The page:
Ramp wasn't prepared to again leave a 6-week-old baby to return to work full-time, so she decided to get creative.
"When we found out I was pregnant with my second daughter, we knew we had to supplement our income somehow, and we had a family friend who at that point had a small consignment sale in Charlotte, N.C.," Ramp said. "So I went up there and asked her questions and saw what she did and what I could do. My first sale, I was 37 weeks pregnant, and I knew I had to start it then or it would never happen."
Wee-Peats Children's Consignment was born in spring 2007 and had its first sale in the National Hills shopping center.
The temporary business sets up shop in an empty retail outlet twice a year -- once for a spring/summer sale and once for a fall/winter sale. It operates using a consignment model, relying on parents unloading their used children's clothes and equipment.
Wee-Peats also depends on volunteers, who receive an extra 10 percent on the items they consign for giving their time.
Consignors can earn an extra 5 percent for referring two friends who register to consign. Registration costs $12 per person.
Since its opening, Wee-Peats has grown from 50 to 275 consignors. It will feature more than 150,000 items at its public sale Wednesday through Saturday at 596 Bobby Jones Expressway.
"I love what I do. I love our sale. I love the people who are with us," Ramp said. "I have consignors and volunteers who have been with me since the very first sale and they have literally become family."
Ramp was logging 60 to 70 hours a week at a transportation company where she was office manager and wanted to devote more time to her girls.
However, leaving her job meant the family would be without health insurance covered by an employer. Her husband, Lyn Ramp, works as a real estate appraiser and at a car stereo shop.
The goal of the consignment business was to supplement their income enough to cover health insurance.
The semi-annual sale started out slow the first couple of years, but then the Ramps made some adjustments to their business model -- and the economy began to falter.
The economic downturn drove home the importance of frugality for many people, Ramp said.
"I'm also from a very large family -- I have 10 siblings -- so we know the importance of consignment and recycling and getting the use of every dollar possible," she said.
Lyn Ramp said his wife's business sense and personality have helped Wee-Peats become successful.
"She is very, very giving and very hardworking," he said. "She has good ideas, and she's really good with money. We pinch where we have to pinch and put money where we have to put money."
The sale is different from other outlets, said Joy Wilson, who met Ramp at her second sale.
"How many of us have children that barely touch the clothes before they go out of style?" Wilson said. "She gives people so much control over the price, and you know what you will get in return."
When Wee-Peats opens now, there is a line of at least 90 people waiting on the first day, Ramp said.
"It's an event. It's not just, 'Let's go to the store and buy a pair of jeans.' It's something people save for months for," she said. "This is something they've planned. They've gone through their closet. They've measured their children. They are ready."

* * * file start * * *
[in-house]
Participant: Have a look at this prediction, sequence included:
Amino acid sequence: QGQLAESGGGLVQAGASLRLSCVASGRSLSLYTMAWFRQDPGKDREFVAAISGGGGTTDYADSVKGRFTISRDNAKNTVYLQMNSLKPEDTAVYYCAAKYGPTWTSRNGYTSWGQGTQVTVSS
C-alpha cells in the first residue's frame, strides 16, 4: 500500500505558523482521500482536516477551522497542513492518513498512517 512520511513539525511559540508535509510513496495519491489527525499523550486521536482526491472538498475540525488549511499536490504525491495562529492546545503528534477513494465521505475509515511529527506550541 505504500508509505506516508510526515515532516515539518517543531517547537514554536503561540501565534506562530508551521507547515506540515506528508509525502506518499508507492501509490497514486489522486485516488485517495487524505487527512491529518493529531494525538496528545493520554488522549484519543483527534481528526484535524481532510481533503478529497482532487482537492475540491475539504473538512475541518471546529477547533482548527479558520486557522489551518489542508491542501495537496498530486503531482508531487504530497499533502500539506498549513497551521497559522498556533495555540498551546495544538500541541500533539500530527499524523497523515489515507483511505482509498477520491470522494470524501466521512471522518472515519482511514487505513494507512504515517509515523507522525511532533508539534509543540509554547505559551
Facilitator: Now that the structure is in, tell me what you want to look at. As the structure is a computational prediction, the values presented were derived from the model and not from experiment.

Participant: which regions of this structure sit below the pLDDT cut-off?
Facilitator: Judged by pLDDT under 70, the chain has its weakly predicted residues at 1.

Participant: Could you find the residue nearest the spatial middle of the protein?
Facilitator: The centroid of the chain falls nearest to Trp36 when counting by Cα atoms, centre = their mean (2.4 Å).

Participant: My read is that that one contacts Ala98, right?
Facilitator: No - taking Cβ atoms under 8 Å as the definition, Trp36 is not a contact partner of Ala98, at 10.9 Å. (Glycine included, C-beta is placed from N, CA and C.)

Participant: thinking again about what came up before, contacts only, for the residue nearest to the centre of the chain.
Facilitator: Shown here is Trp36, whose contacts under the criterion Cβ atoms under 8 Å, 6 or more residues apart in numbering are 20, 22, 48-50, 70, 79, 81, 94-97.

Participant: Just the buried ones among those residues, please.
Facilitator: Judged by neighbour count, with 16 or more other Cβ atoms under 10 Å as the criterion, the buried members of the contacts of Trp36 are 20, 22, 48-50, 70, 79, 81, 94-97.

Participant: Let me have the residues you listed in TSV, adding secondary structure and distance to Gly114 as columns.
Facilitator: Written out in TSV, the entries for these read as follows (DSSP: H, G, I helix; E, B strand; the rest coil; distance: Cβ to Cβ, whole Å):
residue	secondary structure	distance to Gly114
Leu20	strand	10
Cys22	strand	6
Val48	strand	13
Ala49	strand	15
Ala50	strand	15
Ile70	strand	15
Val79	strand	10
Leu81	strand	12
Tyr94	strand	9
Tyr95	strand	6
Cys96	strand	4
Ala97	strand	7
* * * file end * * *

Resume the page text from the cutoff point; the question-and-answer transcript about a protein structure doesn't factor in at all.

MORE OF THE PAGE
The money earned from Wee-Peats is enough now to pay for health insurance, plus some bills and the girls' education at Columbia County Christian Academy.
Some adjustments had to be made before Wee-Peats could be profitable, Ramp said.
She originally gave all consignors a 70 percent cut of their sold products -- above the average for most consignment businesses -- but found that people had no incentive to volunteer and that it was harder for the business to make it into the black.
So she devised the sale's current plan of offering volunteers an extra percentage back on their items and for referring additional consignors.
She also learned she couldn't make everyone happy all the time.
"Even if it was one person out of 200 that was unhappy, I believed that was a failure to me," she said. "I realized as it got bigger that as long as I can be myself and do the right thing that I can't please everyone. At the end of the day, if I am who I am and am loving and respectful to them, they will come back."
One of the hardest parts of the sale is finding a retail location every six months. Almost inevitably, Wee-Peats has to find a new location each time because the last location will be leased, Ramp said.
"A lot of times we are a good luck charm because we get into a building and then it gets rented out," she said jokingly.
The hunt for a location begins four to six months before the sale. Insurance and other permits also have to be secured. About 10,000 fliers are distributed, but word-of-mouth is crucial to the sale's success, Ramp said.
Wee-Peats gives items that aren't bought and are marked for donation to charities and needy families in the area.
"We do our very best to actually take the clothes and donate them to families or local charities," Ramp said. "We do a lot of church closets, we do a lot of foster cares and we do a lot of needy families -- whether it's been a fire, a loss of a job or a husband's in jail -- whatever it may be."
Each Saturday of the sale, there is a "dollar dash" from 2-4 p.m. where marked items go for $1 -- and all proceeds go to charity.
Outside vendors such as Mary Kay, Pampered Chef and parents who make boutique products such as headbands also sell their products at the Wee-Peats sale.
"This is my ministry, and this is something that I and my family have been blessed with," Ramp said.